Almost three years after a fatal crash on the Seward Highway, 63-year-old Charles Curtis was arraigned Thursday on a charge of criminally negligent homicide and 11 counts of assault. 

Troopers say Curtis was behind the wheel of a Premier Alaska Tours bus that rear-ended a truck stopped northbound in a line of three vehicles making a left turn into the Alaska Wildlife Conservation Center. The bus then swerved into the oncoming lane, striking a GMC Yukon driven by 53-year-old John Zollner III; Zollner died at the scene. At least three people were critically injured, and Curtis was taken to a hospital by a ground ambulance.

Troopers spokeswoman Megan Peters said in an email that the circumstances of the crash made it suspicious to troopers "from the beginning." Investigators declined to answer questions about whether Curtis was impaired or distracted during the crash or why it took nearly three years to file charges. 

Prosecutors say the delay can be partially attributed to litigation over the investigation. Troopers obtained a search warrant for mechanical and vehicle inspection records for all of Premier Alaska's tour buses--which the company challenged in court, arguing the state didn't have probable cause for such a broad warrant. 

The case ended up in Alaska's Court of Appeals where the state argued, "Premier's effort to quash the warrant is an attempt to preclude law enforcement from thoroughly investigating a homicide. Premier is no different from the multitude of defendants against whom search warrants are issued who do not want to reveal information that might be used to prosecute them."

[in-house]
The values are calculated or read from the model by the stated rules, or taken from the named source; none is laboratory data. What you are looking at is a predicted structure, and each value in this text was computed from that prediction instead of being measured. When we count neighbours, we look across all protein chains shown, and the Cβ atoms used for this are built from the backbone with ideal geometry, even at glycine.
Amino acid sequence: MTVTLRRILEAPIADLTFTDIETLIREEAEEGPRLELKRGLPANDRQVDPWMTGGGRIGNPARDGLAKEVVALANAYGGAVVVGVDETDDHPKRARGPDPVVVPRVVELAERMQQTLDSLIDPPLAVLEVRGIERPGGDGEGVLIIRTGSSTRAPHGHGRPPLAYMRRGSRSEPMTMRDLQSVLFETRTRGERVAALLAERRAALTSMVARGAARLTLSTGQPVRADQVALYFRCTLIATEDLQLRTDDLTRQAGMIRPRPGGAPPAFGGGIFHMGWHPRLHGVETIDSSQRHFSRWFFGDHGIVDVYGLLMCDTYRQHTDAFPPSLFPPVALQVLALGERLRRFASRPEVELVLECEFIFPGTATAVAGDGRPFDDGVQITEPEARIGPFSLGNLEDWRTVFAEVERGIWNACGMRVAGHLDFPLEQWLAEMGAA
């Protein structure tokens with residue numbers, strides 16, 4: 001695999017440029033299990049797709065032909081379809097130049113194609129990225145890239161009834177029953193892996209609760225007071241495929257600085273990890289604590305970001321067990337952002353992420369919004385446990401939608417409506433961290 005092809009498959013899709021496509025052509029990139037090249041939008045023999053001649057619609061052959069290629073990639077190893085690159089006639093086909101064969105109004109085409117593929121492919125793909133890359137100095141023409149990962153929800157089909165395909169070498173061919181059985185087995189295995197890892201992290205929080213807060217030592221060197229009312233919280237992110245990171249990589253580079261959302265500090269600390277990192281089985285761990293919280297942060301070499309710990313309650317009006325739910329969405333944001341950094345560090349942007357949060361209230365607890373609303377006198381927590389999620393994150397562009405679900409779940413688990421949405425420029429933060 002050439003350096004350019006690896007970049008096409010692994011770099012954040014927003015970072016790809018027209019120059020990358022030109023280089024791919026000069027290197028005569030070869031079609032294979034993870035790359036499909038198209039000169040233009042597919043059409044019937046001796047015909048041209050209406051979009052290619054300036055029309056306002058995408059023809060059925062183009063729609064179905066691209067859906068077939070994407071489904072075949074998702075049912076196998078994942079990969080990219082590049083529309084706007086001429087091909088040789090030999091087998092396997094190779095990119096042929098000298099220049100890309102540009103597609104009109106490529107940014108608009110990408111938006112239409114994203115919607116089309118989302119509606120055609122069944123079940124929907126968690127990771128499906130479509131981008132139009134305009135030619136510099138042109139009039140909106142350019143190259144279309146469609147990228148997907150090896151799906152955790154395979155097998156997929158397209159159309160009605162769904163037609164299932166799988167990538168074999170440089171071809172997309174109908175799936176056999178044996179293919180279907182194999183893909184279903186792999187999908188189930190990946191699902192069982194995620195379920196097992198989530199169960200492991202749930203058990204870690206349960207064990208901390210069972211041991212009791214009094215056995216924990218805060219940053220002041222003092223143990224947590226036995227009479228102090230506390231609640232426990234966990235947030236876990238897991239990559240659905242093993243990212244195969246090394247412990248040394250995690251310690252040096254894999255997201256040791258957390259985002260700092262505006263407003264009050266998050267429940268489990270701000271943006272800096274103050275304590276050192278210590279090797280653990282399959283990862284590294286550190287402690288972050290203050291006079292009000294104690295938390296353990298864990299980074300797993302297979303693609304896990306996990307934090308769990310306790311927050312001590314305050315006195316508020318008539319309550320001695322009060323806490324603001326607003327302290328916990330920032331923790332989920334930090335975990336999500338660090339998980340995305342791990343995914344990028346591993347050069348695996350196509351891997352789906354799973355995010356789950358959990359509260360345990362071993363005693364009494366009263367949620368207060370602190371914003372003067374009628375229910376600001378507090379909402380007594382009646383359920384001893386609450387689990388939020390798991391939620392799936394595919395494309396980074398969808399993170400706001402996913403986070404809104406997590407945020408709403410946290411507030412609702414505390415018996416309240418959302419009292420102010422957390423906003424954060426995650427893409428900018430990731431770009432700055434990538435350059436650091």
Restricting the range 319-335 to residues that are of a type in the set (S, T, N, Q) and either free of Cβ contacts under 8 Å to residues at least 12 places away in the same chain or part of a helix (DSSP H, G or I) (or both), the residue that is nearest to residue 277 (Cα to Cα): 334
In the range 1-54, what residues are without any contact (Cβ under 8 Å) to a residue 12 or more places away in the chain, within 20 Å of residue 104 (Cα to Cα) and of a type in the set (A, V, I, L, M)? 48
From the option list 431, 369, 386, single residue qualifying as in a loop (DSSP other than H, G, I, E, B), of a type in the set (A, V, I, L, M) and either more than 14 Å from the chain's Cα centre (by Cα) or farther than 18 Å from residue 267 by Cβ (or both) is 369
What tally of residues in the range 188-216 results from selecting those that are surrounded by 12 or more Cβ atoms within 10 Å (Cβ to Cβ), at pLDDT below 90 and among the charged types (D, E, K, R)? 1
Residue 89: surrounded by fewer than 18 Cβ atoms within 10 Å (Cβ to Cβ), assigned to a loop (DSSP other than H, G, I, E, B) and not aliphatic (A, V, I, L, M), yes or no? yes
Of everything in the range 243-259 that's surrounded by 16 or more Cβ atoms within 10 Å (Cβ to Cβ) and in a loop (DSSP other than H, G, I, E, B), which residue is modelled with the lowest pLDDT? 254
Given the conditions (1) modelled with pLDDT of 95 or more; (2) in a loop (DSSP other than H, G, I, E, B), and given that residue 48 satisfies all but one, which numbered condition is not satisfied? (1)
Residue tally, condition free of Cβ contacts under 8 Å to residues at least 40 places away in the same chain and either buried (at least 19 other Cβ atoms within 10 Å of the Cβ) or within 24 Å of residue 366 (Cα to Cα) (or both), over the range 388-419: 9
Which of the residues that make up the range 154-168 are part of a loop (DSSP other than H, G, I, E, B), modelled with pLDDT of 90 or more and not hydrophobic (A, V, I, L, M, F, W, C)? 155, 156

According to public court documents, Curtis told troopers he saw the stopped truck and tried to stop the tour bus, but the brakes didn't work. Troopers noted the absence of brake marks on the road from the bus prior to the crash location. 

The public court documents surrounding the legal battle over the search warrant infer the state was planning to prosecute either Curtis or Premier Alaska with criminally negligent homicide but wasn't immediately sure which party to charge. 

"Judge Washington exercised her discretion/judgement and found that the affidavit set forth an adequate basis for a reasonable prudent believe that the sought after records are evidence of the crime of criminally negligent homicide [...] and/or evidence that tends to show that Alaska Premier Tours Inc. committed the offense of criminally negligent homicide [...] The sought after records could show that the tour bus involved in the collision as well as all Premiere Alaska Tours, Inc. tour buses operated in 2015, was scrupulously maintained and inspected and thereby indicate the driver was not being truthful about his attempting to apply the brakes and thereby would provide information inculpatory of the driver. Alternatively, the sought after records could show that the tour bus involved in the collision, as well as the Premier Alaska Tours, Inc. tour buses operated in 2015 overall, was poorly maintained and inspected and thereby indicating the driver was being truthful about his attempting to apply the brakes and thereby would provide information inculpatory of Premier Alaska Tours, Inc. Either way, the records are of significant importance in this fatality collision investigation." 

The state eventually backed down, choosing to withdraw the warrant in question and issue a new, more limited search warrant based on "new information." 

Peters said the assault charges against Curtis include two counts of second-degree assault for Zollner's wife, Amy Zollner, and her daughter Elko Benefield who were injured in the same vehicle with him. Nine additional counts of fourth-degree assault were charged in connection with "other people injured during the incident." 

The wreck was among several high-profile crashes on the Seward which prompted discussion between troopers and Anchorage police over who would patrol the highway’s densely trafficked section north of the Kenai Peninsula, which police began to cover last fall.

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